It would be easy to get “sticker shock” from the latest UK price data, released earlier this week. The figures, from the Office for National Statistics, show that the rate of inflation reached 4.2 per cent in October, the highest rate since 2011 and more than double the Bank of England’s two per cent target. For many, that on its own is enough to conclude that the central bank erred in failing to raise rates as many investors anticipated it would at its November meeting.
Monetary policy has, however, in the words of the economist Milton Friedman “long and variable lags”: it can take a while, often more than a year, for changes in interest rates to affect economic growth and the rate of price growth. The challenge facing central bankers is how to use the data they receive about the present state of the economy to judge the future needs of the economy.
On that subject the details of the latest inflation data are less clear. Much of the sharp increase is due to factors that are unlikely to be repeated and will, almost certainly, fade away by this time next year. The largest contribution comes from a surge in natural gas prices and other energy costs. The ONS estimates that roughly 1.3 percentage points of the year-on-year increase in the consumer price index is due to higher fuel costs. Used car prices and higher air fares, following the resumption of plane travel, made transport the second biggest contributor. Higher hospitality prices, partly thanks to the removal of a temporary value added tax cut for the sector, were the third.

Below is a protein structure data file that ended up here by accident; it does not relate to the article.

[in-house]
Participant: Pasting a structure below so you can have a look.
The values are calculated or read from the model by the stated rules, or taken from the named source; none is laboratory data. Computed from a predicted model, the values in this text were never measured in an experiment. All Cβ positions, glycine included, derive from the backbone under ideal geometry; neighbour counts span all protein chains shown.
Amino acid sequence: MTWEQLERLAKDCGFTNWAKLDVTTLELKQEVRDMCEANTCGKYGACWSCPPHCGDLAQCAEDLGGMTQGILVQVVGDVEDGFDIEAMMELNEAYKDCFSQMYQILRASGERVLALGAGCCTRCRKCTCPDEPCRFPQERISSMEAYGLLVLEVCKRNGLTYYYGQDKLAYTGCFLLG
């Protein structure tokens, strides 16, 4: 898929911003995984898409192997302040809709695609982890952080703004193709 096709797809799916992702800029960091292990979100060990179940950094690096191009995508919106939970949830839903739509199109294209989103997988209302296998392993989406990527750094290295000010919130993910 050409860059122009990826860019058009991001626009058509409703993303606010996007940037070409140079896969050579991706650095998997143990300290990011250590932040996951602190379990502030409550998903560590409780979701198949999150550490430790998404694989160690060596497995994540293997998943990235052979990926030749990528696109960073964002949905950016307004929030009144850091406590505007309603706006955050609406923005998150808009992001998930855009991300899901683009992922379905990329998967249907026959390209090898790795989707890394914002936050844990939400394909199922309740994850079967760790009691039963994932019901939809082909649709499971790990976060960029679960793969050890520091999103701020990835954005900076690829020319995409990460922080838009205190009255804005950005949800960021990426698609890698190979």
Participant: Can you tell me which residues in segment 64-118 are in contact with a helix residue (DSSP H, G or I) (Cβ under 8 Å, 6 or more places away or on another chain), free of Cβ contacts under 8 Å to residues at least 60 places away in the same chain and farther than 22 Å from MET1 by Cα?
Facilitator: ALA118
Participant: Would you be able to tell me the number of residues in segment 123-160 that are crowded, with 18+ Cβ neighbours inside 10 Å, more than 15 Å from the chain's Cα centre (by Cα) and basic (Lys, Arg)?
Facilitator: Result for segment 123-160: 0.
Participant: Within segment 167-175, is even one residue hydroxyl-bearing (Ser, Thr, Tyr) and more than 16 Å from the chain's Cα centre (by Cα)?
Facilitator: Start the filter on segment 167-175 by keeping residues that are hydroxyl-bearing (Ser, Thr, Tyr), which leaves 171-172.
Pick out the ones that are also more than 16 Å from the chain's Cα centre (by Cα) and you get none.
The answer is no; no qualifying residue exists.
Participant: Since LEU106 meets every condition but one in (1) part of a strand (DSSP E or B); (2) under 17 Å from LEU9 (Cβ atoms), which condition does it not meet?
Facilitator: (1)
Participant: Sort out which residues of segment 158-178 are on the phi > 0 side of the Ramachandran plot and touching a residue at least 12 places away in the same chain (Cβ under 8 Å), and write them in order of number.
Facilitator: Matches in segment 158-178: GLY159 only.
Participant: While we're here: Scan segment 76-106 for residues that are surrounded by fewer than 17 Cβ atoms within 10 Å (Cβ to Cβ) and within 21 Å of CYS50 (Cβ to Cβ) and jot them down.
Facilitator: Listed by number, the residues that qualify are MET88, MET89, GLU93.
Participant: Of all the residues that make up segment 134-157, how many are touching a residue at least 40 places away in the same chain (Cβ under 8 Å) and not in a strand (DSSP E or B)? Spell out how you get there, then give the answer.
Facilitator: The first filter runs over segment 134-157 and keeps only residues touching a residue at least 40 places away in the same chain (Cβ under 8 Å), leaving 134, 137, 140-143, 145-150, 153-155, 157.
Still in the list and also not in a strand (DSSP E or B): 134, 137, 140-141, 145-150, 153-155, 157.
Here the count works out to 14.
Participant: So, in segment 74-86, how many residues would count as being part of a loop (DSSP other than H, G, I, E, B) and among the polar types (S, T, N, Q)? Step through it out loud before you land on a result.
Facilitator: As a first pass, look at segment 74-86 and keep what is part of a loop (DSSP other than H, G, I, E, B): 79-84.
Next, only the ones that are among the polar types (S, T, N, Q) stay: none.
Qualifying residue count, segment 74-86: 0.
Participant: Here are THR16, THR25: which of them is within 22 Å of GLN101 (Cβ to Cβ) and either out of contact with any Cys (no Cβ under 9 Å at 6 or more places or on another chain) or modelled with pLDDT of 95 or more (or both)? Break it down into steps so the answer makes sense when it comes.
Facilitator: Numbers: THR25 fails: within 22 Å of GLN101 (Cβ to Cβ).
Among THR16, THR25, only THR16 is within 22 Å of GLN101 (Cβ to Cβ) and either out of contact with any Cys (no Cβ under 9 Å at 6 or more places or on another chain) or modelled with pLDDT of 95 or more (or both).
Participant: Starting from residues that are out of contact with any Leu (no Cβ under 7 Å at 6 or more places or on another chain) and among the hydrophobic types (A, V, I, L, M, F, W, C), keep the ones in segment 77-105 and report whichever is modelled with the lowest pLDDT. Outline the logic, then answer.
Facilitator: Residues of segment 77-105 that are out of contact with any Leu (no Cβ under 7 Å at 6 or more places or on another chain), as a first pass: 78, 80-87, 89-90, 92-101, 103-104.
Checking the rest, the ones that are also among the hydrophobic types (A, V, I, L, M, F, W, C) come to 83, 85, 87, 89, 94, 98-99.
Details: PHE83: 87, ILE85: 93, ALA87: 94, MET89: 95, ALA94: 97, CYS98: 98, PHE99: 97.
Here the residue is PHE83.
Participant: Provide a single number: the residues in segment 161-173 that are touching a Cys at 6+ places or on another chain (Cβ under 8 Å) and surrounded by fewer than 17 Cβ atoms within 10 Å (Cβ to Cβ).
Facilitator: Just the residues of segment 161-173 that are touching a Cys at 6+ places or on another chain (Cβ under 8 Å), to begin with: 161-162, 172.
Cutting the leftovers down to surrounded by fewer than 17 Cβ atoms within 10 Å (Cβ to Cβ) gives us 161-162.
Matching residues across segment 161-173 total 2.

Unlike in the US, there is only scant evidence of an economy at risk of overheating from too much monetary and fiscal stimulus. Only a few categories of goods hint at an economy with an excess of demand relative to supply: furniture prices have surged, probably owing to more affluent households spending some of their pandemic savings on redecorating, as have the costs of household appliances. Elsewhere, however, price growth is more modest.
On the other hand, there is little reason to think that the economy is still in need of the stimulus launched during the depths of the pandemic. Labour market data, published earlier this month, demonstrated that the end of the “furlough” job retention scheme has not slowed the recovery in employment. Bank of England officials have said that uncertainty over the impact of the end of the programme was a major reason why the central bank’s rate-setting committee held off on raising interest rates in November.
For the moment there is little sign of any feared “wage-price spiral” in the data — a situation where rising labour costs add to inflationary pressure as employees try to maintain their purchasing power in the face of rising prices. Pandemic-related distortions make headline pay figures less reliable but it is likely that wage growth has now dropped below inflation. Indeed figures from research group XpertHR indicate that the median settlement is stuck around the pre-pandemic norm of 2 per cent.
Nevertheless, more workers are quitting to find new jobs and advertised vacancies are at a record high. These are all a sign of a labour market that could soon be “tight” enough to provoke sustained pay increases. In such circumstances there is little reason to think the UK still needs as much central bank support as it once did.
Before the November meeting of the Bank of England’s monetary policy committee, this newspaper argued that the case for a rate rise was finely balanced. While the surge in inflation is not as worrying as it may first appear, the labour market data does put more pressure on the BoE to act in December.
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